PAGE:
LAS VEGAS, NVAs the U.S. population ages, the number of citizens moving from their own homes to assisted living or long-term-care facilities is increasing dramatically. These numbers are expected to continue rising. By 2030, the population aged 65 years and older is expected to double to more than 71 million. Quality of life becomes an important issue for older adults who will reside in retirement facilities.
An article published in the American Society for Horticultural Science journal HortTechnology examines the impact of indoor gardening in regards to quality of life in assisted-living facilities. The results of the study, conducted by Claudia C. Collins and Angela M. O'Callaghan, find that an activity as simple as caring for a houseplant can have very positive effects on a resident's happiness.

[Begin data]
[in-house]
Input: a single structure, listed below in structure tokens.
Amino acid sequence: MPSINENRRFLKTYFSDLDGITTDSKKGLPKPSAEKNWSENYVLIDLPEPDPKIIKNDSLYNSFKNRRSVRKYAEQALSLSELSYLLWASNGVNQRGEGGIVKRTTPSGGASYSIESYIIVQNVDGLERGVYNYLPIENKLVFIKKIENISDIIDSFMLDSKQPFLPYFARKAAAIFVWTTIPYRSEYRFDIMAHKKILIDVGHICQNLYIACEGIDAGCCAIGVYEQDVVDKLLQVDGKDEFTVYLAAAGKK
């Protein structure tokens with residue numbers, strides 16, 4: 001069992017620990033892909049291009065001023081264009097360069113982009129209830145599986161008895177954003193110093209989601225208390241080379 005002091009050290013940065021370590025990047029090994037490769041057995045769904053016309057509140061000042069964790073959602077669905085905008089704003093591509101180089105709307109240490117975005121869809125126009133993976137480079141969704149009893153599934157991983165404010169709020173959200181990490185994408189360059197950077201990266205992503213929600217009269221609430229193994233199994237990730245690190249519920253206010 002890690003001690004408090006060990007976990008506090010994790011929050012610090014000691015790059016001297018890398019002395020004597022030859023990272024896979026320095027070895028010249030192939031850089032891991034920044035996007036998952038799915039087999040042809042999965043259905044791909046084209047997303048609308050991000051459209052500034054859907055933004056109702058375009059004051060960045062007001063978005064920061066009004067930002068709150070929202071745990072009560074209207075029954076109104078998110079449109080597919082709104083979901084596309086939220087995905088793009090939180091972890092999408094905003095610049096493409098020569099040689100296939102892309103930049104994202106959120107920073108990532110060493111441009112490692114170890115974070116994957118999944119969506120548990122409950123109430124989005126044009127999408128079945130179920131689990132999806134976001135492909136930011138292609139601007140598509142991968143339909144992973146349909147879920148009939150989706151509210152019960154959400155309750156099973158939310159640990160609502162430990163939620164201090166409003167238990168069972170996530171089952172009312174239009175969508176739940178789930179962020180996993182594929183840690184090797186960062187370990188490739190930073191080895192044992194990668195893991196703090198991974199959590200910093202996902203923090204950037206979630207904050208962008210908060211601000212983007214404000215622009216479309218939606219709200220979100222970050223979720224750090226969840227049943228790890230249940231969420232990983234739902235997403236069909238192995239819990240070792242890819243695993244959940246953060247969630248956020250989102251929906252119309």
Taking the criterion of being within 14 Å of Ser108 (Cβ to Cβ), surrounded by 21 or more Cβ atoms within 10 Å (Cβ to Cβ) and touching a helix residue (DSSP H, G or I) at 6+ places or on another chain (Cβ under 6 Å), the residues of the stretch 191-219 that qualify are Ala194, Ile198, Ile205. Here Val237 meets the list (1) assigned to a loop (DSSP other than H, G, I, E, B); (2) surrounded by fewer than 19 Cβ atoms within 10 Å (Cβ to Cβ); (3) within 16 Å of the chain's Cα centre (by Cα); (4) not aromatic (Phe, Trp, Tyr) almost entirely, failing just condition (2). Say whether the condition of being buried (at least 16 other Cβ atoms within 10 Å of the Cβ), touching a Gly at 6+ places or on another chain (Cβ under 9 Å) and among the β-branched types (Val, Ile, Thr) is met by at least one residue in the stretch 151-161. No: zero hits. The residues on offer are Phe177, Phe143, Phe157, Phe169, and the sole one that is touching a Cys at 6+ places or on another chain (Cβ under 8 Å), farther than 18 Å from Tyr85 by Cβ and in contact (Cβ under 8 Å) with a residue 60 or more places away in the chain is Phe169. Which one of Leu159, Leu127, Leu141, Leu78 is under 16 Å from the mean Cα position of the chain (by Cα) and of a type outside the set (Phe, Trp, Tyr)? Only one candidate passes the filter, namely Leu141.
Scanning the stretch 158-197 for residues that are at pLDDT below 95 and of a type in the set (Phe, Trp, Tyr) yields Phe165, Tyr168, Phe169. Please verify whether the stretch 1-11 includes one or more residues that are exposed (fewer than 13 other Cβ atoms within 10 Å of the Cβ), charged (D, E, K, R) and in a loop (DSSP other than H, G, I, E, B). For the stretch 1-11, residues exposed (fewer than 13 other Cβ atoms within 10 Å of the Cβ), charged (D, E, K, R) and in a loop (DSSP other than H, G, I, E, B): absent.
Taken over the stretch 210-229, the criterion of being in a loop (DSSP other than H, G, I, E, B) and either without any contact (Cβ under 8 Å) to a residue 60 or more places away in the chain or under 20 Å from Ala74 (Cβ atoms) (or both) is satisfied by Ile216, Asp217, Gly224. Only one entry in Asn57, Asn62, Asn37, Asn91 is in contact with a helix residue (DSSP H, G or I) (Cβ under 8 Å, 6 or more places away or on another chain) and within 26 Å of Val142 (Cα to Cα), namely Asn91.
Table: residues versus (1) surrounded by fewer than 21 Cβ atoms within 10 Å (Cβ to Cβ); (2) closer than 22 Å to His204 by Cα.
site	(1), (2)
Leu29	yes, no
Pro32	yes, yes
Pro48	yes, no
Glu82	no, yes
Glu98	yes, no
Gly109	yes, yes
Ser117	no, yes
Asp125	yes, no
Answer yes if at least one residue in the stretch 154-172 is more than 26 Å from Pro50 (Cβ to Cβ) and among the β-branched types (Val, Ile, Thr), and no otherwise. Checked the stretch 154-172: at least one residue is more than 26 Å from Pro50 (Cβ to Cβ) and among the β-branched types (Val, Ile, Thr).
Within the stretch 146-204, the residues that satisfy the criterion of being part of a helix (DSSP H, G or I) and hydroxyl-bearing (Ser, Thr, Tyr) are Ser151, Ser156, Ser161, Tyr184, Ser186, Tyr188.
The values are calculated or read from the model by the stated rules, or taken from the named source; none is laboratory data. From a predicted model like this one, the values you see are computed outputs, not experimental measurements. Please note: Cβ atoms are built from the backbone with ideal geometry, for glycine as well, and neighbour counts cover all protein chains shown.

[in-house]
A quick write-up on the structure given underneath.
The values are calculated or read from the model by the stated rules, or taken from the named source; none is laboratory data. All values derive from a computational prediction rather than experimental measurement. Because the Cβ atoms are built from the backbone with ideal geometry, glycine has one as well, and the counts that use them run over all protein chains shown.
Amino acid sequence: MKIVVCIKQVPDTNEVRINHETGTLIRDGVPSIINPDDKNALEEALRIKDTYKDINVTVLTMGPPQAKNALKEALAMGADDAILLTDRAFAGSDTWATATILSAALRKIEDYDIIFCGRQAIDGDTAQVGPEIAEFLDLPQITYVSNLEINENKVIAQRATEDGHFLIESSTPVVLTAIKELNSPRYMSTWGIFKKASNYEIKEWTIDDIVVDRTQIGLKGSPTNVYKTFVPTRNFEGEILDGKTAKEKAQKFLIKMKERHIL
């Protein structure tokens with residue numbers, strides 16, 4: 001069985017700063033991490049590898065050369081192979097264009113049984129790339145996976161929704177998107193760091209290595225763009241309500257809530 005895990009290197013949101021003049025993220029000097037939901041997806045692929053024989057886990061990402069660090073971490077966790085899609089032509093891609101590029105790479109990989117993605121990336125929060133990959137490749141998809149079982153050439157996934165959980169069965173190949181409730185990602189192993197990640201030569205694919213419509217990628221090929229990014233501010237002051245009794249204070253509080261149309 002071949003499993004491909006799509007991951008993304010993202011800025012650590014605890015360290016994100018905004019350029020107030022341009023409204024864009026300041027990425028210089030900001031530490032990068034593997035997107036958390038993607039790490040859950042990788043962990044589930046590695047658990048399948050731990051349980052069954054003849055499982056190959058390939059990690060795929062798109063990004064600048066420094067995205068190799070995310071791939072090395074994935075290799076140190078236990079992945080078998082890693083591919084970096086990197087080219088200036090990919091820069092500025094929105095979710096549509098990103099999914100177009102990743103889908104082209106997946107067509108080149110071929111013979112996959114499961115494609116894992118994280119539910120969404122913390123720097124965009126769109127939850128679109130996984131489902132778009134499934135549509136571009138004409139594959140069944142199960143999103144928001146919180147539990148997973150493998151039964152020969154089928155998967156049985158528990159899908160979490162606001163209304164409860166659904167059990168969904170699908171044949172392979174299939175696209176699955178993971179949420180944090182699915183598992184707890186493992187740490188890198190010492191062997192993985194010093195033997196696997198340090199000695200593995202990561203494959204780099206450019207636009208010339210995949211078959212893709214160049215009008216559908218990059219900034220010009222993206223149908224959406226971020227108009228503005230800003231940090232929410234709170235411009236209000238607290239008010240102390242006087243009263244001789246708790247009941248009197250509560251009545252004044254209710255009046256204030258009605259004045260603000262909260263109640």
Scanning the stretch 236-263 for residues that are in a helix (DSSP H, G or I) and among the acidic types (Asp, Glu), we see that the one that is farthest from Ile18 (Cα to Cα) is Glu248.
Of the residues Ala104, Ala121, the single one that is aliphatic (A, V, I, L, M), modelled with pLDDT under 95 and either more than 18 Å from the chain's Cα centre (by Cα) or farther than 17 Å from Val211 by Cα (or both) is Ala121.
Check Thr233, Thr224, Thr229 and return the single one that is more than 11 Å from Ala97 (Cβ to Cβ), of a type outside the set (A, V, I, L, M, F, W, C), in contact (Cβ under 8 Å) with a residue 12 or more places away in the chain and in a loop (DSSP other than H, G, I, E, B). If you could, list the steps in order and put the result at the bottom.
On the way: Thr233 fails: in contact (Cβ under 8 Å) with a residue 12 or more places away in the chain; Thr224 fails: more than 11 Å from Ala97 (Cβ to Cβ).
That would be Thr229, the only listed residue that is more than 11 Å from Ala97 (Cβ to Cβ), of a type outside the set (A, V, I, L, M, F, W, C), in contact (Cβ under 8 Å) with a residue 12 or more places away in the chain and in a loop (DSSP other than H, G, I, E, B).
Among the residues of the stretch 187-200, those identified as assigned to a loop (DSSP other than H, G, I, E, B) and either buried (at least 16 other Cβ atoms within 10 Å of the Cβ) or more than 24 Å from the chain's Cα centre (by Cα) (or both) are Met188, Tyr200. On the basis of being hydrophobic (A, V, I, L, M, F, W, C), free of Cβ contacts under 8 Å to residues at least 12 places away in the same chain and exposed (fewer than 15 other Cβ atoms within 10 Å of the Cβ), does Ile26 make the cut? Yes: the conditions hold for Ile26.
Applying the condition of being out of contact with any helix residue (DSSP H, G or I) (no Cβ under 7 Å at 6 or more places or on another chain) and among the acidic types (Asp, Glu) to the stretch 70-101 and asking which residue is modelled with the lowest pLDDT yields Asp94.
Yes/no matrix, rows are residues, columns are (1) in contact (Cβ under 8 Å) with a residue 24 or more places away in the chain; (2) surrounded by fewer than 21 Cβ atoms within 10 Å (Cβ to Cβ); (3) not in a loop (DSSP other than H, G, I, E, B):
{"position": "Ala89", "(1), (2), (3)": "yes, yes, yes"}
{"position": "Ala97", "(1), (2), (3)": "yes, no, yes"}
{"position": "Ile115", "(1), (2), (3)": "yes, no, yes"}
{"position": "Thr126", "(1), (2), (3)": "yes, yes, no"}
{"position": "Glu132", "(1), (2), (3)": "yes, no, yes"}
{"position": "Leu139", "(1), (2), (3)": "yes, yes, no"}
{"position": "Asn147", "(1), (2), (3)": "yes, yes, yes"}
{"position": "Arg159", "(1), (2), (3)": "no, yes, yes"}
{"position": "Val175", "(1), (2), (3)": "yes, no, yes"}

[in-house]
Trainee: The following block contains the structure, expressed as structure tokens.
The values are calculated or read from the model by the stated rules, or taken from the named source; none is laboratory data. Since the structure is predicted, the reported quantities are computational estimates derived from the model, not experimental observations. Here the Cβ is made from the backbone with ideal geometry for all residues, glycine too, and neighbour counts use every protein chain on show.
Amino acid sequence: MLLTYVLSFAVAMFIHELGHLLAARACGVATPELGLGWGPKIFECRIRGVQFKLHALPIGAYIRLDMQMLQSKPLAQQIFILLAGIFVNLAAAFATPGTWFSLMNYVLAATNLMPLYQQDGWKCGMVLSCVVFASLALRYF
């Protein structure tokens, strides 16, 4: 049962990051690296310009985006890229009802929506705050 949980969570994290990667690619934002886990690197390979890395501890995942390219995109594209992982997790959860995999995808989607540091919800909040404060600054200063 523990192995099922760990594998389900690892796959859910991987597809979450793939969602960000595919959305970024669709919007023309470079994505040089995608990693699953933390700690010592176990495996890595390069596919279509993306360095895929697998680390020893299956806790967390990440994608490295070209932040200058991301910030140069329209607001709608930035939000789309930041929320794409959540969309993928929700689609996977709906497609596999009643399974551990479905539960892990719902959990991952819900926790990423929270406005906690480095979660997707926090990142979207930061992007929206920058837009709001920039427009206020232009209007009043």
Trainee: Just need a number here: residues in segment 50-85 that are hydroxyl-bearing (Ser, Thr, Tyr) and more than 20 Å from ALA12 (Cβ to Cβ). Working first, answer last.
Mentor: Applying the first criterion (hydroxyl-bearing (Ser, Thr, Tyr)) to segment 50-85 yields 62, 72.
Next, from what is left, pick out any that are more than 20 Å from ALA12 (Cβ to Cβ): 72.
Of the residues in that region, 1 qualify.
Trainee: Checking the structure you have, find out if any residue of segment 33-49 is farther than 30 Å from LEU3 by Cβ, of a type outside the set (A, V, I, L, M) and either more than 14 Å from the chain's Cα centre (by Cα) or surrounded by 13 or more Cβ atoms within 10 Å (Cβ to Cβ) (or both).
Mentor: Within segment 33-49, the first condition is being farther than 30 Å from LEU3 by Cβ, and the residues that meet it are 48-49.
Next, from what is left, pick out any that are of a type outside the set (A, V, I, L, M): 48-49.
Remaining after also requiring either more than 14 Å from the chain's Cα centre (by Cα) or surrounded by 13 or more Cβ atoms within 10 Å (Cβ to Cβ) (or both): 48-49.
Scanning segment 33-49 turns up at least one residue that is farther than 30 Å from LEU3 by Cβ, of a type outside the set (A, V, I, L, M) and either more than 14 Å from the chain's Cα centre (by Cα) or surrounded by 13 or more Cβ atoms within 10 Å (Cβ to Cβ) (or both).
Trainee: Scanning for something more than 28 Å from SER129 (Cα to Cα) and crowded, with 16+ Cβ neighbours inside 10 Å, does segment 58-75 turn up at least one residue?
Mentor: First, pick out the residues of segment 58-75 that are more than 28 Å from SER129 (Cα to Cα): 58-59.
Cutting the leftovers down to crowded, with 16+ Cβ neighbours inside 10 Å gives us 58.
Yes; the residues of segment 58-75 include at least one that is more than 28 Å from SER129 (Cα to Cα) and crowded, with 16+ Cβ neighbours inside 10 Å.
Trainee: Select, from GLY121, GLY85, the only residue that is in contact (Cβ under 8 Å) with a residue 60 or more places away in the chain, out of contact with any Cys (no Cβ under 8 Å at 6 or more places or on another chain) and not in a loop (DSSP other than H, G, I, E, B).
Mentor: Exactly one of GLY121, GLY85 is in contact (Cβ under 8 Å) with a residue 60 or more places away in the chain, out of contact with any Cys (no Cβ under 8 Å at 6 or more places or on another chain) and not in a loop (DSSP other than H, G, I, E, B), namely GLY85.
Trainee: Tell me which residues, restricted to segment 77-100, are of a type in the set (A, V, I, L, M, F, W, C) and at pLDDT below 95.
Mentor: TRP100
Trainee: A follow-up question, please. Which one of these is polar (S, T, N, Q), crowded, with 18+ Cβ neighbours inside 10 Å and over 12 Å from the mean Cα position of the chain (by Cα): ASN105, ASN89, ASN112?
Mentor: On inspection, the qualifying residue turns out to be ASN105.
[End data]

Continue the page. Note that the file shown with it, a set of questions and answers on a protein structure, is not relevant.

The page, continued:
The study measured three attributes: mastery, self-rated health, and self-rated happiness. Mastery was defined as the belief that one's actions and choices determine outcomes in life. Often, when adults make the transition from living on their own to an assisted-living or long-term-care facility, they begin to feel a loss of control in their choices and independence. This loss of mastery has a negative impact on their overall sense of health and well-being. Mastery and self-rated health have been found to be two of the most accurate predictors of the social concept of "successful aging", a concept defined as high mental and physical functioning and active engagement with life.
One known way to improve the physical or emotional status of people who have diminished control over their lives is by encouraging them to take responsibility for another individual. This "other individual" may be a person, animal, or plant.
The 4-week study involved participation by 18 residents in a weekly, 2-hour interactive horticulture class taught by a social horticulturist and a sociologist. The residents were given interactive lessons on the
|Contact: Michael W. Neff|
American Society for Horticultural Science